ARCore, Google's augmented reality SDK, was officially released to the public last week! The 1.0 update comes with some handy new features, including what Google calls "oriented feature points". A feature point is any fixed plane that the SDK can place a virtual object, and 'oriented' feature points make it so that we can put virtual stuff just about anywhere!
Even more exciting is the fact that these oriented feature points work just like the old kind, so allowing users to anchor virtual objects to their walls is just as easy as allowing them to place stuff on the ground. All we need to do is set up a standard ARCore scene in Unity, and it does the rest.
I followed along with Google's "Unity Quickstart Guide" in order to create this ARCore template project.
Before you can use it to create stuff like this, you need to make sure your computer is set up to build and run Android projects. As the guide says:
Install the Android SDK version 7.0 (API Level 24) or higher.
You will need to get the ARCore SDK for Unity. You can either:
You will need a supported Android device.
Once all that's sorted, then, the first thing you need to do is open Unity. Once you do, you should be greeted by the project manager window. Click the "new" tab and then enter your project's name as ARCoreTemplate. You don't need to call it that, I guess - Just name it whatever!
Just click "create project" and then let everything set itself up. Once you're greeted with an empty Unity canvas, we're ready to get started!
First thing you'll want to do is import this Unity Package!
The way to do that is to click "Assets -> Import Package -> Custom Package..." and then select the file you've downloaded from above!
Once you've imported the package, your Unity window should look something like this.
Click the file marked "AR_TEMPLATE" in your "Project" window, at the bottom of the screen. Opening it will take you into our AR template scene!
This scene has everything you need already set-up to build out an AR-Core compatible Android application. To modify it for your own purposes, all you'll need to do is replace the "TEMPLATE_OBJECT" prefab's content with something more to your liking! I'll explain how.
Open the UnityChan folder, then "Prefabs", then grab "unitychan" and drag her into the scene heirarchy, and place her in the heirarchy next to VLWLogo, so that she is a child of "TEMPLATE OBJECT". then, go ahead and delete "VLWLOGO". Finally, click on "TEMPLATE_OBJECT" and then look at it in the "inspector" window. To view the inspector window, go to Window -> Inspector or, just look to your right! The inspector window should be one of the tabs on the right hand pane of your unity window.
Click on the button marked "APPLY" in the top-right hand corner of the inspector window. This will apply the changes we've made to the TEMPLATE_OBJECT prefab, so that, once we load up our new AR project, instead of projecting little alien dudes or VLW logos, you'll be placing unity chan in your environment!
now, simply DELETE the TEMPLATE_OBJECT prefab from your scene entirely. Don't delete it out of your assets folder at the bottom of the screen, just delete it from the scene heirarchy, so that it looks like this.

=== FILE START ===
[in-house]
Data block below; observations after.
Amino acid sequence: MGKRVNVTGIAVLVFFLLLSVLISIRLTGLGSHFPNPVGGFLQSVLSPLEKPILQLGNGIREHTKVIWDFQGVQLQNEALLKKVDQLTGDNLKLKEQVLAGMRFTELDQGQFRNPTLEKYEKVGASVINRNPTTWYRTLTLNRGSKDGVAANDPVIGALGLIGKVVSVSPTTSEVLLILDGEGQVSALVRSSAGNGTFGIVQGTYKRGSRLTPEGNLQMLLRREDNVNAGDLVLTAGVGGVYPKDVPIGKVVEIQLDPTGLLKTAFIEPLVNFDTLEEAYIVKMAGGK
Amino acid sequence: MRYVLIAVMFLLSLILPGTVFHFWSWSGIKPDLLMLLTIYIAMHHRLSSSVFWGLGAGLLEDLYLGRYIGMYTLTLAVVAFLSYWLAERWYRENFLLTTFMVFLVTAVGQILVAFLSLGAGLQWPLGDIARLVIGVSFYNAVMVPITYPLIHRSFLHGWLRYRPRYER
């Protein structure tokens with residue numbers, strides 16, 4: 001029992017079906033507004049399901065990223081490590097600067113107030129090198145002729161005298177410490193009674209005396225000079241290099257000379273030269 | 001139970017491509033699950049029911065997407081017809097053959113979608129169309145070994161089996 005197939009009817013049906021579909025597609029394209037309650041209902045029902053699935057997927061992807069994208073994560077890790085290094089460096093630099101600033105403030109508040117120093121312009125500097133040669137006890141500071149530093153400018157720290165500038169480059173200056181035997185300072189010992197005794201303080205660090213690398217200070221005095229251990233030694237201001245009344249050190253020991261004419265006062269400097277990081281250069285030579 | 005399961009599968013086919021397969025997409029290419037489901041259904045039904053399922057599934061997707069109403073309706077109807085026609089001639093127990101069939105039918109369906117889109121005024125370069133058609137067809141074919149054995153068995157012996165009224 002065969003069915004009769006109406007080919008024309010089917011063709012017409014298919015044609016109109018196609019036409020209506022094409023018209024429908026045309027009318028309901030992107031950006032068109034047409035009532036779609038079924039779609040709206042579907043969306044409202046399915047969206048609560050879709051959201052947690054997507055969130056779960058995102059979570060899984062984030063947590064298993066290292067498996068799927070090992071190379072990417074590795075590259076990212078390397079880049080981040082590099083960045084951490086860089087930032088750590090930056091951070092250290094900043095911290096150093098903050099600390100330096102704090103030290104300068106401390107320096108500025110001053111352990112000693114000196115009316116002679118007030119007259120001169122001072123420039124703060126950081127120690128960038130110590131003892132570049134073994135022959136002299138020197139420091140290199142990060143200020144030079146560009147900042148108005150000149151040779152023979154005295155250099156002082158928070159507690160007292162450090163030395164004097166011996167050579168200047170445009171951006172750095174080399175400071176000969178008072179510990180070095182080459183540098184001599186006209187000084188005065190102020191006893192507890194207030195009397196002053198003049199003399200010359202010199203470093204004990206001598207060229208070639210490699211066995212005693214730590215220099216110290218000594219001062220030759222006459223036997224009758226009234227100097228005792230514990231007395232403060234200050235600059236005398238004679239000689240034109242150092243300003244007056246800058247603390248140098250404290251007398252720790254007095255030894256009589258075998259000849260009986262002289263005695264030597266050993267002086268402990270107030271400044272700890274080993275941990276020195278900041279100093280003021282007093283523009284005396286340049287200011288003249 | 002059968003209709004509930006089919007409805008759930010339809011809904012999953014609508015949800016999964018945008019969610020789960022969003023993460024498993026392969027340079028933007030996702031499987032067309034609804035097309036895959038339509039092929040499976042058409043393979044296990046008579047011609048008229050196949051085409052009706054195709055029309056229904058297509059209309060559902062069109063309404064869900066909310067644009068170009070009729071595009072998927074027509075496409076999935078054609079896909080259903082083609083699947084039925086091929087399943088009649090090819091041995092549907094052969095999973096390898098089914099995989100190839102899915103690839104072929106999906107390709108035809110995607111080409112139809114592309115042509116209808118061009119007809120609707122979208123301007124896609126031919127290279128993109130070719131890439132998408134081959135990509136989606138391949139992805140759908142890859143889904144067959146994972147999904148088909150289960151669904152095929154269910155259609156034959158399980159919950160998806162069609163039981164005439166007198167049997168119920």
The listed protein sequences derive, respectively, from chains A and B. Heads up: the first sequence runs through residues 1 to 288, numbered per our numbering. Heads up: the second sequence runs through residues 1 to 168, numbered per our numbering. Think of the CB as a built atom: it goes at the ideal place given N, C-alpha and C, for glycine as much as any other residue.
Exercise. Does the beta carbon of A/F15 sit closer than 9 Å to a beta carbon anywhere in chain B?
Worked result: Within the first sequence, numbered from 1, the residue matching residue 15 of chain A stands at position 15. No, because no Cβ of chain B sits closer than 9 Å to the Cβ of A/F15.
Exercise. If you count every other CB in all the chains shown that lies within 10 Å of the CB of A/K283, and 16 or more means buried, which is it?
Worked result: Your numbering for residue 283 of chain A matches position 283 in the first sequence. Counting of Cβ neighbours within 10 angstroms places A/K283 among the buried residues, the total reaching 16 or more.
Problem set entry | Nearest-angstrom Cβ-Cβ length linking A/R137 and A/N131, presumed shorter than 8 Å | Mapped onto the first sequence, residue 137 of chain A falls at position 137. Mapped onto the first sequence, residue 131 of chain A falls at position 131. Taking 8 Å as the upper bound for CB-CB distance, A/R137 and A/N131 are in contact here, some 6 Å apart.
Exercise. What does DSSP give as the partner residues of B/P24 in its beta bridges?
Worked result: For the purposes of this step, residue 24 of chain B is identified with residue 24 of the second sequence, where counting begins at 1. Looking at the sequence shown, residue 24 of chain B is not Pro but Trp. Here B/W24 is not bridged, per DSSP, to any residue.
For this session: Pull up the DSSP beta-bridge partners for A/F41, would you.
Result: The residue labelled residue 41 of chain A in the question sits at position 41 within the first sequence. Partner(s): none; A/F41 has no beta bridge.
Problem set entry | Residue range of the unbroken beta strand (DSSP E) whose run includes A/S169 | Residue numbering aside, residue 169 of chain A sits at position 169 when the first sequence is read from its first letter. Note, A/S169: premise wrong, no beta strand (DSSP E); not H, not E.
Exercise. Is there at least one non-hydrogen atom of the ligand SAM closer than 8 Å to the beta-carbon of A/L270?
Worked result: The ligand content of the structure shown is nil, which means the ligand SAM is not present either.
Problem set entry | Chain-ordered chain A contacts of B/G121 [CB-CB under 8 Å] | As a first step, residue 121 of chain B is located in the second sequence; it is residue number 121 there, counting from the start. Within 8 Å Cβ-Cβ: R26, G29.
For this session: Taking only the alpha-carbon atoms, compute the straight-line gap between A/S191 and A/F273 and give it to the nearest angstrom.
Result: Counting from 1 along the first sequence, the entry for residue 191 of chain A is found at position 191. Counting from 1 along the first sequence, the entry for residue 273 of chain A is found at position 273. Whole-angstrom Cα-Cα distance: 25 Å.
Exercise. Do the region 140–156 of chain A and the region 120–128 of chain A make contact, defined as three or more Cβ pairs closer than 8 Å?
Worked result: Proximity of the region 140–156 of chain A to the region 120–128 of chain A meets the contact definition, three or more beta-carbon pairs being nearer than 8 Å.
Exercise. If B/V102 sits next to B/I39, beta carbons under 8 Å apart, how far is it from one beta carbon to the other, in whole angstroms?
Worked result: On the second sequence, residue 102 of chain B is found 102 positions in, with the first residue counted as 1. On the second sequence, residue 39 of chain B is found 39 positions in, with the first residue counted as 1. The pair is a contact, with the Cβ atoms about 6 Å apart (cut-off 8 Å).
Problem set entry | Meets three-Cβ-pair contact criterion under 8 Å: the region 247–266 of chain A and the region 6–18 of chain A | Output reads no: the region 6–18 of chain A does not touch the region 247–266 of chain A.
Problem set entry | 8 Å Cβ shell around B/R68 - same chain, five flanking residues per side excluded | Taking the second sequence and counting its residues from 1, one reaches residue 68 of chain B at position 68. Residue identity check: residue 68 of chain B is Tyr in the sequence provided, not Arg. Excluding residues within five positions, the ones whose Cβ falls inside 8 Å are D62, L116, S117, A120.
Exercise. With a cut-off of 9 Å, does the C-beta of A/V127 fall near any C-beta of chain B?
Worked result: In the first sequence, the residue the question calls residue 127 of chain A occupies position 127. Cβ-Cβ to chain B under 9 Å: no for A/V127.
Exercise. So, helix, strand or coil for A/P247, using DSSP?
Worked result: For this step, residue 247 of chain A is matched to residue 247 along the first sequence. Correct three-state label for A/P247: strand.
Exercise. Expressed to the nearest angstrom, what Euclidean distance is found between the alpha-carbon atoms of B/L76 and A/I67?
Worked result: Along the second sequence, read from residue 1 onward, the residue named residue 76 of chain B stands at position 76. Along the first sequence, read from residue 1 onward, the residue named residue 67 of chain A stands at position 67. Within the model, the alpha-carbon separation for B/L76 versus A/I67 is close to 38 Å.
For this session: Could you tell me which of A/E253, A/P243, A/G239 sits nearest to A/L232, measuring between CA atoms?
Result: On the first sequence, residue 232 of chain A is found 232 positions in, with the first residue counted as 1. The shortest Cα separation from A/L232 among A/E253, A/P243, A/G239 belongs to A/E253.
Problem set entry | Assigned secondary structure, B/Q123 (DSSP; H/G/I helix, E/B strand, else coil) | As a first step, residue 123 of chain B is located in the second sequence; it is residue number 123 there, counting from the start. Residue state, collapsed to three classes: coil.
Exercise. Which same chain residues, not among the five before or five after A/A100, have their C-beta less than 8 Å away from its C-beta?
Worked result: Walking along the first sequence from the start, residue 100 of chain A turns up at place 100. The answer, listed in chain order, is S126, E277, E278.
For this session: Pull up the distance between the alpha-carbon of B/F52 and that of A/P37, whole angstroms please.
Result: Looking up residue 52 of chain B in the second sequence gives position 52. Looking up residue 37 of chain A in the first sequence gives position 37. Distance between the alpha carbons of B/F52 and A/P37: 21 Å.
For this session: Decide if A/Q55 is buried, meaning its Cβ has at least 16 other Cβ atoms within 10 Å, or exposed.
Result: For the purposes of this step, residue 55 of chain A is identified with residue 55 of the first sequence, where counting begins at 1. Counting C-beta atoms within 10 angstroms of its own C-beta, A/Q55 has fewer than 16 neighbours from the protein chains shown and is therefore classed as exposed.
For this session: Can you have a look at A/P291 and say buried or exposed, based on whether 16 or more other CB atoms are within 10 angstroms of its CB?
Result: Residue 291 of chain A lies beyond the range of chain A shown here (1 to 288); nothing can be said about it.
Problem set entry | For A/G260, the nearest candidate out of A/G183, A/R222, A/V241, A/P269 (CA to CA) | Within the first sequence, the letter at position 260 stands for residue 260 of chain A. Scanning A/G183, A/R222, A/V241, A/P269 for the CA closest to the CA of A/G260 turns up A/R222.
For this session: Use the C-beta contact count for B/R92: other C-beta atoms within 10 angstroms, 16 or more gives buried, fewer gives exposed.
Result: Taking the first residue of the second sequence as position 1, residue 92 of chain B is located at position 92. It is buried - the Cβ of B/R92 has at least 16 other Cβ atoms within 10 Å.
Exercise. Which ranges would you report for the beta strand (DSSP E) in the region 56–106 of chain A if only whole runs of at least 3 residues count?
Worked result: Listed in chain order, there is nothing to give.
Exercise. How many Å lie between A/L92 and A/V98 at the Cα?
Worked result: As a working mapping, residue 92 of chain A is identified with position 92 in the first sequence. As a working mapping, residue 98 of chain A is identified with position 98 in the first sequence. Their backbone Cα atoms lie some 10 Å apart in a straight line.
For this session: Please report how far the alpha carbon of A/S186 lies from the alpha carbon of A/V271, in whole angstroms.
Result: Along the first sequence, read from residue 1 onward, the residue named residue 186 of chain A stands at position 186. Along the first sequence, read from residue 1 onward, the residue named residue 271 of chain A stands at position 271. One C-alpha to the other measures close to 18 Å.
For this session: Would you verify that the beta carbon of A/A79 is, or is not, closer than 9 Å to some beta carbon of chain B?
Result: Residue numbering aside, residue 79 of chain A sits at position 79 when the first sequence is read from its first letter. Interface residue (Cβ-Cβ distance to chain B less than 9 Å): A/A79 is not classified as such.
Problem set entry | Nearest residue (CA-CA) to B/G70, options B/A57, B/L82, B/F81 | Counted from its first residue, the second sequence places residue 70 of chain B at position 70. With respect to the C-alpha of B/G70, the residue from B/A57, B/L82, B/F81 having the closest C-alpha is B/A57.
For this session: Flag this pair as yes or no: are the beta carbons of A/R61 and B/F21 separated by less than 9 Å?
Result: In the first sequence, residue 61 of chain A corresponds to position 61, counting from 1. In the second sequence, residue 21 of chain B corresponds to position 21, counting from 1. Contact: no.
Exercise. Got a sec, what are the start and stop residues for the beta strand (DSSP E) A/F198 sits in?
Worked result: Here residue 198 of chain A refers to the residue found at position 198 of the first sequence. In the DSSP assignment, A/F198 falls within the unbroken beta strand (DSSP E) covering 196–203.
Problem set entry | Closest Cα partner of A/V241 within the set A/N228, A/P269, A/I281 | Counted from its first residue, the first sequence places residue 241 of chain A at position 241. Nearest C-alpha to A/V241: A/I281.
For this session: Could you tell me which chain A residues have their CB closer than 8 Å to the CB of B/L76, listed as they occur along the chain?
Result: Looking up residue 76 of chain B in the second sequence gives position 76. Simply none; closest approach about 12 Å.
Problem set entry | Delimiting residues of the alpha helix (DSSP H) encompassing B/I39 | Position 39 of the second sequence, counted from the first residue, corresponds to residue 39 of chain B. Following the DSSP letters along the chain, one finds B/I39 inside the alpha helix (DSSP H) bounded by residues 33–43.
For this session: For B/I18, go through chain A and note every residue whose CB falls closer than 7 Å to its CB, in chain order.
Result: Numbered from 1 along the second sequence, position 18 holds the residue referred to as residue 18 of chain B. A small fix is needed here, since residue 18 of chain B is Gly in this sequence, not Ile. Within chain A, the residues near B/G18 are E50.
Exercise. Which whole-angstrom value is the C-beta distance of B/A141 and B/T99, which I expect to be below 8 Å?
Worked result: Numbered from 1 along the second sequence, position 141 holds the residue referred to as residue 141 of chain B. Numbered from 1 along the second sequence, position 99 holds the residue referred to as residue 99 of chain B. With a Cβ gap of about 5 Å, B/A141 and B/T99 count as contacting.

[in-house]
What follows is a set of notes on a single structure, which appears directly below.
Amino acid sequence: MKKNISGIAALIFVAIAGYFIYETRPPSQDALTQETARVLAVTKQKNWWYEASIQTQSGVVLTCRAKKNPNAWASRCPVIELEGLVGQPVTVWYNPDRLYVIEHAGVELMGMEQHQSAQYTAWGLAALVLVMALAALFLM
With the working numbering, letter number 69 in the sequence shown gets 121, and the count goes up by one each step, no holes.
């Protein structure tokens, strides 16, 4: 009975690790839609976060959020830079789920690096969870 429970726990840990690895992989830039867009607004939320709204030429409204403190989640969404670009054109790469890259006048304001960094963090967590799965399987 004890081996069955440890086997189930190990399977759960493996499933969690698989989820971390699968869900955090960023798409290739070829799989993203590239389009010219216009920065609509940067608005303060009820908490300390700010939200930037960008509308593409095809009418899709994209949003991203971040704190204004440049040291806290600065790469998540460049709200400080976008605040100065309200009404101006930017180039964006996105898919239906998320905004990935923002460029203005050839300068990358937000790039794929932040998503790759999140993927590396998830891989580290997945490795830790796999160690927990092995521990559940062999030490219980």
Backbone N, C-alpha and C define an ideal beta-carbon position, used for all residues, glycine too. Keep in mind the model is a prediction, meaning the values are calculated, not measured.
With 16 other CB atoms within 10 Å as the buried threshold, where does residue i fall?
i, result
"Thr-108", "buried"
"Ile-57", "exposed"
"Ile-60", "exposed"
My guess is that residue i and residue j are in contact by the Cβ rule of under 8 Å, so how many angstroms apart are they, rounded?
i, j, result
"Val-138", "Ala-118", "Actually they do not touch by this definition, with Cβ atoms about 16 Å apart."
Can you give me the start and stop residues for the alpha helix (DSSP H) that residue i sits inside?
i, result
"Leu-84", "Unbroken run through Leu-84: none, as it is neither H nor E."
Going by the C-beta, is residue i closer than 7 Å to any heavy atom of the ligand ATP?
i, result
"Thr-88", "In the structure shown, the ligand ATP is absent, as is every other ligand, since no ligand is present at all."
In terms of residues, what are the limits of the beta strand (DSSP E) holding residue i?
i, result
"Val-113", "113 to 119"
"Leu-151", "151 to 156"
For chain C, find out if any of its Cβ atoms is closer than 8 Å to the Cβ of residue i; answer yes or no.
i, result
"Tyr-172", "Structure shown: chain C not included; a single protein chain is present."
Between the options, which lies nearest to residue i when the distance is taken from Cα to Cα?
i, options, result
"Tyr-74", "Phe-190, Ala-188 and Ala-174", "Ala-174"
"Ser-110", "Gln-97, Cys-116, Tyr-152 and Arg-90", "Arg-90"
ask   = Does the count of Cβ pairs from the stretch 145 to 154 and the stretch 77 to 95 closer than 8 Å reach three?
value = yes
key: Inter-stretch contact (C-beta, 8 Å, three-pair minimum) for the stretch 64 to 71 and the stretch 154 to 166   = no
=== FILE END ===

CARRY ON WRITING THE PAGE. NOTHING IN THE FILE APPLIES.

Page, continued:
And we're DONE! All that's left to do is to build the project out to your ARCore compatible android device, and you should be off to the races! I'll give you some tips about how best to do that, but first, we need to put some lights in our scene!
For certain AR applications, we'll want to make use of ARCore's ability to match the lighting of a virtual object to the lighting of the environment you're in, thanks to a couple of shaders called "ARCore - DiffuseWithLightEstimation" and "ARCore - SpecularWithLightEstimation". You can find these on any object by clicking on them in the heirarchy to highlight them in the inspector, then checking out their "Material" slot, if applicable - then clicking on the "Shader" drop down menu. Then go ARCore -> DiffusewithLightEstimation OR ARCore-> SpecularWithLightEstimation.
These two shaders are far less complex than Unity's Standard Shader, but they have the added benefit of allowing your virtual lighting to match up with your real life lighting environment. our VLW_Logo object had the ARCore - diffuse with light estimation setting attached, so we didn't need any lights in our virtual scene. But since UnityChan's model won't support these ARCore specific shaders, we're going to need to add a light to our scene, so that when we build out to mobile, you'll be able to see her! This will be true of MOST objects you import into the AR_template, so before you start creating, you might want to add a light to your scene!
To add a light to your scene, simply click "GameObject -> Light -> Directional Light"
You'll notice that your scene has become a fair bit brighter! This is because a Directional Light simulates a light source like the Sun, with it's default coordinates mimicking mid-day. This should be more than enough light for any model that doesn't support ARCore's shader package.
Now that we can see, hit CTRL+S or CMD+S on Mac to save your scene, then click "File - > Build Settings" to continue!
You should then be greeted with the Build Settings menu. Then, change the following settings:
Once all that's done, just click "Build and Run" in the build menu, and, if you've got a compatible android device connected, you should be off to the races!
Enjoy your new AR application!
In our next lesson I'll provide you with a quick and easy ARKit template for iOS devices! Then - ANIMATION!